6 Songs, 44 Minutes

EDITORS’ NOTES

Los Angeles–based musician M. Geddes Gengras delights in traveling across genres. The multi-instrumentalist has played with the heavy outfit Robedoor, the shape-shifting experimental band Pocahaunted, and the psychedelic artist Sun Araw, a.k.a. Cameron Stallones. (Gengras and Stallones collaborated with the legendary Jamaican reggae group The Congos on Icon Give Thank, one of 2012's best albums.) Despite being busy with those and other projects, Gengras has found time to create pieces for Moog synthesizer. 2013’s Collected Works Vol. 1: The Moog Years gathers a number of those recordings, and the result is excellent 21st-century new age. Gengras is in no hurry here; this music morphs at its own hypnotic pace. The tracks work as nicely textured background music, but close listening reveals even more pleasures. “Resistor” has squeaking tones that gradually sneak up on you, and they play off the larger washes in intriguing ways. The album conjures a variety of moods, from the outer-space vibe of “Untitled #4” to the perky “Untitled #1” to the flotation-tank world evoked by “Magical Writing.” Relax and enjoy.

EDITORS’ NOTES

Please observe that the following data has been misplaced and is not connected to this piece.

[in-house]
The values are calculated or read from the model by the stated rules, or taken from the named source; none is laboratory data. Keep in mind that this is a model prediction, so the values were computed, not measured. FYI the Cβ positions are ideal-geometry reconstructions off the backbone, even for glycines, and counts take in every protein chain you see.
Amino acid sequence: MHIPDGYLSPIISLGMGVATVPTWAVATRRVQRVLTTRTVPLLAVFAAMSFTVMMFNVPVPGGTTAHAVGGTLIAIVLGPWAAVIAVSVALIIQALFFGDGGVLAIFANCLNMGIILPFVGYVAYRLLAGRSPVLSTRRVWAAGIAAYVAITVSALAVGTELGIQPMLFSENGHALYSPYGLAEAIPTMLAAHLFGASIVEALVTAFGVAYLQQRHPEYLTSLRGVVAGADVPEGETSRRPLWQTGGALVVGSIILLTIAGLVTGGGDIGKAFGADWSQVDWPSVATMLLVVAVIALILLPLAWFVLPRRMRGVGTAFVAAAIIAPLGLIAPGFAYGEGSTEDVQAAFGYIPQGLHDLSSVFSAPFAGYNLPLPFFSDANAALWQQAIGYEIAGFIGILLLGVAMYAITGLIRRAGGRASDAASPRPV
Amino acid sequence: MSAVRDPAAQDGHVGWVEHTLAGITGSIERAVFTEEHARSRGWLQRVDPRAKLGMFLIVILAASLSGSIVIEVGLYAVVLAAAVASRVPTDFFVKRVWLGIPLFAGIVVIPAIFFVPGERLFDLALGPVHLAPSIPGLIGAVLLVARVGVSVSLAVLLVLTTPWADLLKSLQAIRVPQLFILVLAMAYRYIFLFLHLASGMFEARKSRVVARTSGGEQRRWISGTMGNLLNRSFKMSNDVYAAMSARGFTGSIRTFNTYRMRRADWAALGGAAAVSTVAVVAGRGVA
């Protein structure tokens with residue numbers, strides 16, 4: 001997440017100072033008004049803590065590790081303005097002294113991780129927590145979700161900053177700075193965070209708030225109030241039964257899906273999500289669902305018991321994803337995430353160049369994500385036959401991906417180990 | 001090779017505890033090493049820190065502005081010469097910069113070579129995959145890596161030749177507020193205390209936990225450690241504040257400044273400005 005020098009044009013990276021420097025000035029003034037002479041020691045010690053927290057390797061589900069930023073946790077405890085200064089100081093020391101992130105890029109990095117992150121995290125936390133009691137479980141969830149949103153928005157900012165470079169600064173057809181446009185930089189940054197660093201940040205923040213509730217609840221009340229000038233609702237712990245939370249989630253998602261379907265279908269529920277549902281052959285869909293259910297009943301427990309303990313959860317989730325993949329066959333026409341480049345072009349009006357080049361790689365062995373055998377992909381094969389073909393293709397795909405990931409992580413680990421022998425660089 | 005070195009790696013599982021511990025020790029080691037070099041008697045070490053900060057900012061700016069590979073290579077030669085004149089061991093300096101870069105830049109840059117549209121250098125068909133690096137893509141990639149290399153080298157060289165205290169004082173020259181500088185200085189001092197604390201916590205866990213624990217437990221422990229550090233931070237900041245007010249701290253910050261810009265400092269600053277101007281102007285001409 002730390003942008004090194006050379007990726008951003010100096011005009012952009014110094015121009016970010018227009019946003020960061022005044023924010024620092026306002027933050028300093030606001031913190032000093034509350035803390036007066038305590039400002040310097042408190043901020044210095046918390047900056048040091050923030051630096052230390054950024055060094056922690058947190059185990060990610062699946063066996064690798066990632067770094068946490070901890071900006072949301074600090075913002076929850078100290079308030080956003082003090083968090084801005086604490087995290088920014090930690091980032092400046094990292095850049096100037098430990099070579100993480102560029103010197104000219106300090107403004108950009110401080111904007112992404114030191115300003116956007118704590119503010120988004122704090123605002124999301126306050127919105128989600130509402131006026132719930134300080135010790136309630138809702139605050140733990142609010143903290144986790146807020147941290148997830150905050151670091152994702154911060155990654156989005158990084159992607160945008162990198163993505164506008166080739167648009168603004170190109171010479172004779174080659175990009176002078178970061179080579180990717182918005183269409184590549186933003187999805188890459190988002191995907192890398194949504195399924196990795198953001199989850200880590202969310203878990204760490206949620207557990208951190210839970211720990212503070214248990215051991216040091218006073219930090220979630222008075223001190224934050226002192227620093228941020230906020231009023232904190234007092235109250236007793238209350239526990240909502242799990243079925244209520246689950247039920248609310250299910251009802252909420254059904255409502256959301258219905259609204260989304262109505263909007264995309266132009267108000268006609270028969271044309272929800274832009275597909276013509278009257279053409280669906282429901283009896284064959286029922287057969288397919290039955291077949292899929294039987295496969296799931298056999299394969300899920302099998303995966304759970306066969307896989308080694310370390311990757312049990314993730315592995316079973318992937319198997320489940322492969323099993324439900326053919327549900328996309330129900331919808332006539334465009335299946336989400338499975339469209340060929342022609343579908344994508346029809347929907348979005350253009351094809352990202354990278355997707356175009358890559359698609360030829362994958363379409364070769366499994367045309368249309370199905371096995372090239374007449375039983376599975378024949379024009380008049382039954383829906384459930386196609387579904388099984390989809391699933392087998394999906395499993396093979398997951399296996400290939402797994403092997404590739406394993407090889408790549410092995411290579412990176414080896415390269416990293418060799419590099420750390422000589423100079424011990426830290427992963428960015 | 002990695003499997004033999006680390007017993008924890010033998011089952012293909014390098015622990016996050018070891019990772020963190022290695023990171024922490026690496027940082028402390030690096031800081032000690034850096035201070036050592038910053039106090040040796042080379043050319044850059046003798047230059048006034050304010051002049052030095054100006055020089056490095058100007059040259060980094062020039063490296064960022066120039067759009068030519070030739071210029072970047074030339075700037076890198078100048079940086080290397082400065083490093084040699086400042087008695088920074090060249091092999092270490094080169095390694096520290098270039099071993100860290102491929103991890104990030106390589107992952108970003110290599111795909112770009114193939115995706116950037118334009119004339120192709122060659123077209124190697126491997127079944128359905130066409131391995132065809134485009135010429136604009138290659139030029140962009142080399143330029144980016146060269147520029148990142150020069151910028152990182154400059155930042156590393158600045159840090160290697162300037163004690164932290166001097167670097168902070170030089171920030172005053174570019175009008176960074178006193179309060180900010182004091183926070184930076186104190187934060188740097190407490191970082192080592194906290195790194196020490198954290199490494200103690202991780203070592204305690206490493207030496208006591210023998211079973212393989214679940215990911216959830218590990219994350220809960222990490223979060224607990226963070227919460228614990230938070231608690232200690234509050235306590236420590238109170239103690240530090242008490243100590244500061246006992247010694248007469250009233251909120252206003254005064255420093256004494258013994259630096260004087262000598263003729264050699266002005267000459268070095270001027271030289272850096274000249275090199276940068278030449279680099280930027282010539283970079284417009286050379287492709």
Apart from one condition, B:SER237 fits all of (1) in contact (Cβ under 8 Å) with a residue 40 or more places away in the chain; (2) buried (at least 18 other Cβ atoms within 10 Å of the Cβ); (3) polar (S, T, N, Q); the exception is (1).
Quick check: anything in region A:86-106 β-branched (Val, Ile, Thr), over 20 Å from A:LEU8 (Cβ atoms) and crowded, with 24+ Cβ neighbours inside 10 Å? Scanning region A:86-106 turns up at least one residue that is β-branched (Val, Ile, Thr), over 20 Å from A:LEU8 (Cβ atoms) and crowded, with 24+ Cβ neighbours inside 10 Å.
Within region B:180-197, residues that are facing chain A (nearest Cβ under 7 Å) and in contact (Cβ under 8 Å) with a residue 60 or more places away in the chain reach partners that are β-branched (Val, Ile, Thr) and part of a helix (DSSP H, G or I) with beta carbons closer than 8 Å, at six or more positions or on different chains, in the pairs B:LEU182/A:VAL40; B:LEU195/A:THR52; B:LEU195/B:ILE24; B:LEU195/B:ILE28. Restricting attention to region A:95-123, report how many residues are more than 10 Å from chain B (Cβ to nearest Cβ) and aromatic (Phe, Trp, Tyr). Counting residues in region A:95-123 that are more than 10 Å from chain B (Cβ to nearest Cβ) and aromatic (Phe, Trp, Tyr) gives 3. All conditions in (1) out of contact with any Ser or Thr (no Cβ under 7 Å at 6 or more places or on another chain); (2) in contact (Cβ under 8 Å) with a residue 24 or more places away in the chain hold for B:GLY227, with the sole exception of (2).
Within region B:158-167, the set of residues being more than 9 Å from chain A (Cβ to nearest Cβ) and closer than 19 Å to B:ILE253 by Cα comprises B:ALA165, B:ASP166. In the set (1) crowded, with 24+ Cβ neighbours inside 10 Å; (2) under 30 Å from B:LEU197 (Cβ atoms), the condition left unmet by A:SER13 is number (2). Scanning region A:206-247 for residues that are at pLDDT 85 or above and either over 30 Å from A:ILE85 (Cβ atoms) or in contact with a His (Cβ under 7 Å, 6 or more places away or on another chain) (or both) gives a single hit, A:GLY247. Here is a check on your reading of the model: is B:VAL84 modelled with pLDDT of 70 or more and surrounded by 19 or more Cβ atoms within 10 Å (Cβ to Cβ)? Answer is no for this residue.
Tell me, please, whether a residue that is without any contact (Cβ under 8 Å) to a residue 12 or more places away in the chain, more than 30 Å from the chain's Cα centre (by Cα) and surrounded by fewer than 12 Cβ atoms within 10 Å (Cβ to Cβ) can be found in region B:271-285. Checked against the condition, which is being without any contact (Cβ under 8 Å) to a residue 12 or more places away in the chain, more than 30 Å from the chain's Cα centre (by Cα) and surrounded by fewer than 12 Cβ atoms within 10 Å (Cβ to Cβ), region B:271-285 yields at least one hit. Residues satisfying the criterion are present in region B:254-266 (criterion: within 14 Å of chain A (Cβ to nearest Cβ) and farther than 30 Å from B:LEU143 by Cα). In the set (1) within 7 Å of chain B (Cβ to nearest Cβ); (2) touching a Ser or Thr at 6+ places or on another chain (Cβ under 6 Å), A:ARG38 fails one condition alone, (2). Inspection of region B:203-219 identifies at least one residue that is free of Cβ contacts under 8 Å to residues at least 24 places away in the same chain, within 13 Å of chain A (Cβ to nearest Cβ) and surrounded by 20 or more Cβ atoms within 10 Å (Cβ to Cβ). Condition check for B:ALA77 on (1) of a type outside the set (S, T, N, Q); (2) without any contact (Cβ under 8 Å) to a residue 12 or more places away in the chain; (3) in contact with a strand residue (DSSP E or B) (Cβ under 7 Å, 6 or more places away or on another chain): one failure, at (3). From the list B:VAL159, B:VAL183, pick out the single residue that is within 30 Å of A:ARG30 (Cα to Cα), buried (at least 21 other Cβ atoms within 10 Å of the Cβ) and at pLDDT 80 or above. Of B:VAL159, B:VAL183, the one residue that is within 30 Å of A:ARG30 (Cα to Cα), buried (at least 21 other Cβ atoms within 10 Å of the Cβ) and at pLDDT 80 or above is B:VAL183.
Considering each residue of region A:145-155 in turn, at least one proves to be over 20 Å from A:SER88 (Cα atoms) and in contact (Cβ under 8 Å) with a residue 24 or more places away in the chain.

Los Angeles–based musician M. Geddes Gengras delights in traveling across genres. The multi-instrumentalist has played with the heavy outfit Robedoor, the shape-shifting experimental band Pocahaunted, and the psychedelic artist Sun Araw, a.k.a. Cameron Stallones. (Gengras and Stallones collaborated with the legendary Jamaican reggae group The Congos on Icon Give Thank, one of 2012's best albums.) Despite being busy with those and other projects, Gengras has found time to create pieces for Moog synthesizer. 2013’s Collected Works Vol. 1: The Moog Years gathers a number of those recordings, and the result is excellent 21st-century new age. Gengras is in no hurry here; this music morphs at its own hypnotic pace. The tracks work as nicely textured background music, but close listening reveals even more pleasures. “Resistor” has squeaking tones that gradually sneak up on you, and they play off the larger washes in intriguing ways. The album conjures a variety of moods, from the outer-space vibe of “Untitled #4” to the perky “Untitled #1” to the flotation-tank world evoked by “Magical Writing.” Relax and enjoy.

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